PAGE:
Episode 1 – Dragons and Flat Tops

Yoko Ono

Art by Jason Stokes

The horror! The travesty! The wretched female who broke up everyone’s favorite merry band of fuckbois! Yoko Ono is arguably one of the most misunderstood and wrongfully villainized women of the 20th century. The crime? Using vaginal witchcraft to force a privileged and completely autonomous grown man to leave his bandmates behind and lay in bed for peace. Yoko Ono is a smart, talented, and deeply thoughtful artist and humanitarian who, thanks to the male-dominated media and sexist zeitgeist of the 1970s has been reduced to a succubus stereotype. Her name has become synonymous with breaking up The Beatles and ruining everyone’s good time.

In actuality, Yoko is an artist who has consistently spoken out about the lack of female representation in the art world. She has actively engaged in advocacy and fundraising for a plethora of causes including HIV/AIDS, autism, world peace, and gun violence. She has survived some of life’s most abject horrors including war, poverty, the kidnapping of her child, watching her soul mate get murdered, and being unjustly vilified by millions of people around the world. That these experiences have not embittered Yoko or quelled her desire to help humanity is a testament to her character. She is a strong, compassionate, courageous, and perpetually misunderstood woman. We hope that Episode 1 will help to change people’s hearts and minds about this complex and gifted lady.


Grace Jones

Art by Jason Stokes

One of the most iconic images from the 1985 music video for Grace Jones’ “Slave to the Rhythm” features an animatronic rendering of Jones’ head emerging from a desert floor. Her mandible releases through a series of overlapping metal plates reminiscent of Medieval spaulders, and a car rockets out of her mouth and into the sands. The shot is iconic not only because of its quintessential 1980s Mad Maxian imagery but because it serves as a perfect aesthetic analogue to Miss Jones’ attitude. There’s a symmetry between Grace Jones’ legendary sass and a high-speed object racing forth from that vicious mechanical jaw.

Grace Jones is a woman who does things her way, if only for the sake of knowing she did. Its easy to imagine someone opening a door for Grace while she painstakingly sashays through the door right next to it. Raised in an abusively Evangelical household in Jamaica, Grace’s outrageous life of glamour became a primer on how not to be an Evangelical Christian. Whether this pendulum swing was an act of rebellion, a lifelong performance art piece or a complete accident is a mystery, and that mystique is part of her perennial charm. For all of her artistic endeavors, naughty public behavior, and Looks with a capital “L”, what I have always found most captivating about Miss Jones is her half-assed adherence to protocols that she is forever creating and revising. She makes rules for herself with delight and breaks those same rules with a matched joyful abandon. In this respect, she was a challenging woman to cover in Episode 1: a list of her accomplishments, songs, or accolades cannot paint a full portrait of her bad-assery. Hers is a spirit that needs to be experienced to be fully appreciated.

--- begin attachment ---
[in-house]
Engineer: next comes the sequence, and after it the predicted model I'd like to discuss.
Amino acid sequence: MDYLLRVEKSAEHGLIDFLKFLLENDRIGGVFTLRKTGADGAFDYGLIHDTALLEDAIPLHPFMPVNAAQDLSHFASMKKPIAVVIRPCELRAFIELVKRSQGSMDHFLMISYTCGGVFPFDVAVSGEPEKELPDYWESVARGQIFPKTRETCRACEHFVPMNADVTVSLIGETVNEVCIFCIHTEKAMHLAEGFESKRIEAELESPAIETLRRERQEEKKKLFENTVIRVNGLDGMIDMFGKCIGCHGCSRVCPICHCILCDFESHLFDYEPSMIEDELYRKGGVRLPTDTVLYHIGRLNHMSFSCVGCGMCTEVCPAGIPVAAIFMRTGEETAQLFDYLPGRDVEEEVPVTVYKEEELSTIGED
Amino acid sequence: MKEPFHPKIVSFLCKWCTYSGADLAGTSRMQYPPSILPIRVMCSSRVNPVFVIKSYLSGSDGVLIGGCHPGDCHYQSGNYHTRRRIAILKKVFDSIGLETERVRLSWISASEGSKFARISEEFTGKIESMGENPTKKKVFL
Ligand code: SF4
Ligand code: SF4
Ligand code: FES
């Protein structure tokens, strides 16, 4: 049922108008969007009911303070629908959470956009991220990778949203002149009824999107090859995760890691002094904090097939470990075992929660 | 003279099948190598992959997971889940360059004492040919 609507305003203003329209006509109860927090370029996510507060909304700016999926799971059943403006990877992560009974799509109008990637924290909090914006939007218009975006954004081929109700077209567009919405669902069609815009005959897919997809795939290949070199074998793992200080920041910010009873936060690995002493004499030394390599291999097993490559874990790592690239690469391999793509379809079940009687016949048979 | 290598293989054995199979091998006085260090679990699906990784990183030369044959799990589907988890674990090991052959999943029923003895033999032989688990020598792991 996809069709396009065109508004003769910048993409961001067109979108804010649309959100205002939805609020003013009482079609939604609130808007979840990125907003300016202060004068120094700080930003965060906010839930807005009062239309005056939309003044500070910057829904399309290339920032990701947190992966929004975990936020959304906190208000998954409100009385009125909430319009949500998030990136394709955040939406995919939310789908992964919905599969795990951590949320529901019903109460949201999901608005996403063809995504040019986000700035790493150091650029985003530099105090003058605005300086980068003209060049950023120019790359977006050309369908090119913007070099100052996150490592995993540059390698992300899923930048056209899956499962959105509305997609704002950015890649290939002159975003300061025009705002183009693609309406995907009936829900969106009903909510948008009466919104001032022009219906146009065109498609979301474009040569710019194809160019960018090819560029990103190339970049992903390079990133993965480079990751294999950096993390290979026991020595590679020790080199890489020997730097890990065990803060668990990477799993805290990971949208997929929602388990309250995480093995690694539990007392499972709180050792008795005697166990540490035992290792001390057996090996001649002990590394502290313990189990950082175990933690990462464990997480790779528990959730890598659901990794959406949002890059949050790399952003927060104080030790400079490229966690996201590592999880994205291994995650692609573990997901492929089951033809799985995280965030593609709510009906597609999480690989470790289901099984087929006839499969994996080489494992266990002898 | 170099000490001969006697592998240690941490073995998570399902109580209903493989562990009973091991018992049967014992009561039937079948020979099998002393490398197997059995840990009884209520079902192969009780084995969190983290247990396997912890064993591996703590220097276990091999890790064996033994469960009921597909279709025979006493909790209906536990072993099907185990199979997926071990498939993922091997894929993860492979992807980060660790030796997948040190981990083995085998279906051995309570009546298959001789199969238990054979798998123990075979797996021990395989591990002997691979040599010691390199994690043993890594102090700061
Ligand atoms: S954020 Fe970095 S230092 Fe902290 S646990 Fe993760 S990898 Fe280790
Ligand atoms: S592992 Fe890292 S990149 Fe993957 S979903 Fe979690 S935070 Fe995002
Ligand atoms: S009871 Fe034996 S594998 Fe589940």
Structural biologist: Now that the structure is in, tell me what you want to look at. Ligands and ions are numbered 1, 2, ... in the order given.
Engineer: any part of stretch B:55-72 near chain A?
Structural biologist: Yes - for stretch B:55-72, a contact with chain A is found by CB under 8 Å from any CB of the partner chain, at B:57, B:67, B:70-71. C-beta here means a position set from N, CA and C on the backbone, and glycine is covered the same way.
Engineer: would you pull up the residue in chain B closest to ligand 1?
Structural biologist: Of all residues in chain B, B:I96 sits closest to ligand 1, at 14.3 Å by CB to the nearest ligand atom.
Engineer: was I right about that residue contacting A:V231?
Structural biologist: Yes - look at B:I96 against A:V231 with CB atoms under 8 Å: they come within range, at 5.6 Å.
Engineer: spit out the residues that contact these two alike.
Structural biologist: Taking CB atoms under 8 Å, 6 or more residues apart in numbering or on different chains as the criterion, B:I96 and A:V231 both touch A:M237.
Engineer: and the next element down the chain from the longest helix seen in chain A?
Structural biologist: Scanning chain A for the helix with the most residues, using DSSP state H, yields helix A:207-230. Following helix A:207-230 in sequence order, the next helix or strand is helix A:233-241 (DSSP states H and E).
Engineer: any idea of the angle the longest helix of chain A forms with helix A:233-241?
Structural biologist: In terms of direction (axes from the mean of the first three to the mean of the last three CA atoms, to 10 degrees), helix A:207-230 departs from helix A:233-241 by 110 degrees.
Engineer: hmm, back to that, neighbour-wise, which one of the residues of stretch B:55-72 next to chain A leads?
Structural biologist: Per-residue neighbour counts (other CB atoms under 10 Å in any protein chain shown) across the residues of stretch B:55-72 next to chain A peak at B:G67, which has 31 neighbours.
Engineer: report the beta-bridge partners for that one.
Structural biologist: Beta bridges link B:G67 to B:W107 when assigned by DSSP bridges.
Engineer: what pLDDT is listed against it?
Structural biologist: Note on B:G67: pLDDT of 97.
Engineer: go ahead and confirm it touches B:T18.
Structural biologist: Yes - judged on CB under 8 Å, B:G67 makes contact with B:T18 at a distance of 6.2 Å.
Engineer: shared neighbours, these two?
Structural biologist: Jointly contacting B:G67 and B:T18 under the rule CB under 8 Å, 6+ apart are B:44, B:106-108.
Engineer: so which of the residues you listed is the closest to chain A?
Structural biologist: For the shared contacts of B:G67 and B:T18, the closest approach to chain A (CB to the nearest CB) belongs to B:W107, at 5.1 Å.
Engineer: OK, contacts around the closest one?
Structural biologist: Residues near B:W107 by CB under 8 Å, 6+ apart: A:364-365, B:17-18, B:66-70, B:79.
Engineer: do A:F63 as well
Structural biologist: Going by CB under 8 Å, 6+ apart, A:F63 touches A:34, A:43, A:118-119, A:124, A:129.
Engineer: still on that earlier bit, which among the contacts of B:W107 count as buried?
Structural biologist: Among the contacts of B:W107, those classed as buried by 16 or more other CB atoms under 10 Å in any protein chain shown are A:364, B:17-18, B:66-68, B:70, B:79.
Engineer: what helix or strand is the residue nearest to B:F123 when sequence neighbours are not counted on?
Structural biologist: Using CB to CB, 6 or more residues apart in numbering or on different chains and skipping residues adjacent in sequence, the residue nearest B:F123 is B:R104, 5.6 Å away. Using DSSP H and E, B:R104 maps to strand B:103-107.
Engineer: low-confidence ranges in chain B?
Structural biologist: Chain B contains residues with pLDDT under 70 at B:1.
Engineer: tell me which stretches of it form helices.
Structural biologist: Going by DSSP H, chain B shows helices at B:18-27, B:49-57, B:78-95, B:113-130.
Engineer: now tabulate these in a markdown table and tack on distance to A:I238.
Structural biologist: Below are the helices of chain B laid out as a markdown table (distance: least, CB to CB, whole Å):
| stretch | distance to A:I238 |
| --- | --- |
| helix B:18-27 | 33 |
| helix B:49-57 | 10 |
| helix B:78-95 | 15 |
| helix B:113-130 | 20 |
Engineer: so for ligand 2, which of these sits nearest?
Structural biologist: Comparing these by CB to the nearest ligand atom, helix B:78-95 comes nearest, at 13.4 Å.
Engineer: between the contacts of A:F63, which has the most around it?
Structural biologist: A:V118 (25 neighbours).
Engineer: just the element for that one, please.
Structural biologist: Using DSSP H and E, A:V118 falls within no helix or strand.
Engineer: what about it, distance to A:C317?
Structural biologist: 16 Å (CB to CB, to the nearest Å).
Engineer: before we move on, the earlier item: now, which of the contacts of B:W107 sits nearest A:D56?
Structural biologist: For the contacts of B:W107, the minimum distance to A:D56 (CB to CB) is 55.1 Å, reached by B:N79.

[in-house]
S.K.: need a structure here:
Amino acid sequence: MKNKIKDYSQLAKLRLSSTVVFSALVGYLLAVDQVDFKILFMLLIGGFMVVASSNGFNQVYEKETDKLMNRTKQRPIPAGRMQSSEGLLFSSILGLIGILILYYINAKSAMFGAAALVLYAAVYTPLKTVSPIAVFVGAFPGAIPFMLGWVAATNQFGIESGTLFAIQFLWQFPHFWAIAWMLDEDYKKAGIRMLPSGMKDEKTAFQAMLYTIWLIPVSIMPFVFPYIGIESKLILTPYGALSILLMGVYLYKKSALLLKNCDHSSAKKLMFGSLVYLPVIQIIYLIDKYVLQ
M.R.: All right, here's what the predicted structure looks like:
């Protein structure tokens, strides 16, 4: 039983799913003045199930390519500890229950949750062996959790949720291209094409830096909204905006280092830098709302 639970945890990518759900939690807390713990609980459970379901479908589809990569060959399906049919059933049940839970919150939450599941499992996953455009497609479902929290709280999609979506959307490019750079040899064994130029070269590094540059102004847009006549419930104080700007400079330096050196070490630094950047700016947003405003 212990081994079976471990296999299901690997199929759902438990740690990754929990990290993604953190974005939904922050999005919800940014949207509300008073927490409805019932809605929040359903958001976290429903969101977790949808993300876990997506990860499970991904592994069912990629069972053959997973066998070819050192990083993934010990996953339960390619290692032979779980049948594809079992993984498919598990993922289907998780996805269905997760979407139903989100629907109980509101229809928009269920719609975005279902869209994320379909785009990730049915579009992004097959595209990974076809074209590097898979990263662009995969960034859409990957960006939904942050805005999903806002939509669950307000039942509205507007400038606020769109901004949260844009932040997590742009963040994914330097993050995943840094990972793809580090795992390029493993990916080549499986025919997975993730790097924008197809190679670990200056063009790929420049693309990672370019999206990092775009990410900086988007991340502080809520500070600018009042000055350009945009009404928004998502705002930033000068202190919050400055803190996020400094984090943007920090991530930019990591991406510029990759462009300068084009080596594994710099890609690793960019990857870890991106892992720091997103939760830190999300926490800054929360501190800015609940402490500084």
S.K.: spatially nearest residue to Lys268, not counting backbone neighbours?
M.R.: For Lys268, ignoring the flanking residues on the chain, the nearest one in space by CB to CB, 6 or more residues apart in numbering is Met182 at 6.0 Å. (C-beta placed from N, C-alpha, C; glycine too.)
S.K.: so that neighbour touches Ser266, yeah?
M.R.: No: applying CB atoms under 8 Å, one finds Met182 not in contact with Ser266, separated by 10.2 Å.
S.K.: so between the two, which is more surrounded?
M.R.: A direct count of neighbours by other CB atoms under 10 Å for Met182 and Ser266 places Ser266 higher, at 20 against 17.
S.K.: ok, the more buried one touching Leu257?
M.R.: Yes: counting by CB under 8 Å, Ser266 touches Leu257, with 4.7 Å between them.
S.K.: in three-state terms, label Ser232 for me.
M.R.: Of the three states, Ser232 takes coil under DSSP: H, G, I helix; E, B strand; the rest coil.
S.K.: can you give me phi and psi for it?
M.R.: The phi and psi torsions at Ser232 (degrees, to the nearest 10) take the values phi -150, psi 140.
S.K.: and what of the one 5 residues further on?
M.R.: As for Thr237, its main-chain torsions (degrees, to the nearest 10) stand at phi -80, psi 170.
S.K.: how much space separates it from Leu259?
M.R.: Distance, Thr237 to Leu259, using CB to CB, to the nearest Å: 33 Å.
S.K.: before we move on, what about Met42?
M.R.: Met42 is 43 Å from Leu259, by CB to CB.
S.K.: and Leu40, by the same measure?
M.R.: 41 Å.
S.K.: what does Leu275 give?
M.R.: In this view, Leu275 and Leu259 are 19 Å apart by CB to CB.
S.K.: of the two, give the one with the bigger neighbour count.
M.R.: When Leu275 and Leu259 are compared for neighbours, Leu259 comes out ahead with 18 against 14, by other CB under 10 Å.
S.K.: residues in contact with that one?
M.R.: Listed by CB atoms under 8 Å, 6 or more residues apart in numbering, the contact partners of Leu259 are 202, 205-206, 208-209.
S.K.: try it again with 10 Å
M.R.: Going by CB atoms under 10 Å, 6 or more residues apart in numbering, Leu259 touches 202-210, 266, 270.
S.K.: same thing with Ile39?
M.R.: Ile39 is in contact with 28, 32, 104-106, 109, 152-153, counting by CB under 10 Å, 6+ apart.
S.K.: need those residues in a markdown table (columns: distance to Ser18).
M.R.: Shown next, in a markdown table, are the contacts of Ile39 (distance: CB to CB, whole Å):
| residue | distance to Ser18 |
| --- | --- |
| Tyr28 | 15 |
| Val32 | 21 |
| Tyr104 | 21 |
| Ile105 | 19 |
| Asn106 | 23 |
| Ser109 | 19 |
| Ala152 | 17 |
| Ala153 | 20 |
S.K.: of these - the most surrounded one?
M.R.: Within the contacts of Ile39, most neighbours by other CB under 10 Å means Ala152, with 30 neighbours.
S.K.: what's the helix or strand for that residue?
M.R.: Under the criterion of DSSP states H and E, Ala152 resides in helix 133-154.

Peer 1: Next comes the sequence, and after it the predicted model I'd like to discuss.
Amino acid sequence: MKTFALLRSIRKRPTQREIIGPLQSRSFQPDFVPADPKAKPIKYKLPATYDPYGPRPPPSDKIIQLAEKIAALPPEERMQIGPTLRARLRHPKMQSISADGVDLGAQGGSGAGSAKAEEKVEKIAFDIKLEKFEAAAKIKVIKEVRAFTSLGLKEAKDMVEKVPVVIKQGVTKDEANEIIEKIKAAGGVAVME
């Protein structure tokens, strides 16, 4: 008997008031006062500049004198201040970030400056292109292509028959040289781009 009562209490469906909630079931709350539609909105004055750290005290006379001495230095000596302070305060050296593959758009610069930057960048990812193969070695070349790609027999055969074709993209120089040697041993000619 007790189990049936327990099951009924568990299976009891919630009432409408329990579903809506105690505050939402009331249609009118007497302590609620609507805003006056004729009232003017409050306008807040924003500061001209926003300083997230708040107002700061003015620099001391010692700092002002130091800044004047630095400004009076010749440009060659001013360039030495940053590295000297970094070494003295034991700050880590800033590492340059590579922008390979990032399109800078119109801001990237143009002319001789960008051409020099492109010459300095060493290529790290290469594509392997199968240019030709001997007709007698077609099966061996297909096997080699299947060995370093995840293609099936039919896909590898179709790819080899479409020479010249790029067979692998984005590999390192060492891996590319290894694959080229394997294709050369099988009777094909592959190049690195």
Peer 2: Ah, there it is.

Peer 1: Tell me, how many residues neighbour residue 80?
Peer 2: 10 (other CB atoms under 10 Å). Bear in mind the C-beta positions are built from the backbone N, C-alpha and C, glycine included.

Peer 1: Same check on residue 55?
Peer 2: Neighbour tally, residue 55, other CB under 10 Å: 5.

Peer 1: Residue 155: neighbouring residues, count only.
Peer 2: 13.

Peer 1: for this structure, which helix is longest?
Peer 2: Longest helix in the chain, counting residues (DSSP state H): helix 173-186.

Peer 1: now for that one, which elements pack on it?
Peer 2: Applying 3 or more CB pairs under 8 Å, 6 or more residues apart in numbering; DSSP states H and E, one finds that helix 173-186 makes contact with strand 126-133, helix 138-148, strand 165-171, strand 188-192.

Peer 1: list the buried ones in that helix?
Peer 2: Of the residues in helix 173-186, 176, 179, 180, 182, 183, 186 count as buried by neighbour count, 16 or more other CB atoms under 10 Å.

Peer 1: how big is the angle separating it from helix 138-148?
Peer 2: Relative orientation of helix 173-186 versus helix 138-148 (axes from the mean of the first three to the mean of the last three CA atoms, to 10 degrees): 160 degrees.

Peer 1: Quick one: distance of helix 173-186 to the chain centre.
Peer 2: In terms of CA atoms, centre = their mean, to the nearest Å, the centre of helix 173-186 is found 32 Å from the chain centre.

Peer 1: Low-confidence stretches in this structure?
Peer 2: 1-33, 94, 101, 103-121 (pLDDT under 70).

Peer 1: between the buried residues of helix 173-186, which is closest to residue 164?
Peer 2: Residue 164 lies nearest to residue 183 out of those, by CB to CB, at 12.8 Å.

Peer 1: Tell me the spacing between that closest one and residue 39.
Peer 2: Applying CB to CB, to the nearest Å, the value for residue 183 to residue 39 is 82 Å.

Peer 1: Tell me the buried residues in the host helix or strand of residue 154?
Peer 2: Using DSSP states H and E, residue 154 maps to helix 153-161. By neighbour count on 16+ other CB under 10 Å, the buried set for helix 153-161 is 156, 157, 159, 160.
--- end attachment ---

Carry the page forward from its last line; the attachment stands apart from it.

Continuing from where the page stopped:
If after listening to Episode 1 you wish to learn more about this indomitable woman, I would recommend you start with some of her more (in)famous interviews. Certainly, her contributions to music, fashion, and film deserve respect and reverence. Personally, I think her highest art form is living life her way, and the best way to consume that experiential content is to watch her speak as herself. Below are links to some of my favorite Grace Jones’ interviews, as well as a link to Bloodlight and Bami, a 2017 documentary about her life. (Also, check out the accompanying article about the documentary that examines how difficult it is to tell nuanced stories about female performers through film.) I hope that you will appreciate her attitude as much as I do, fellow ‘Mosas.


That one time where she slaps the shit out of Russel Harty

“Day by Day” 1985 interview in which the interviewer is sexist AF and Grace lets him know what it is.

Thames at Six 1977

Regis and Kathie Lee – just because I can’t fucking help how much I love that doof Regis

Bloodlight and Bami


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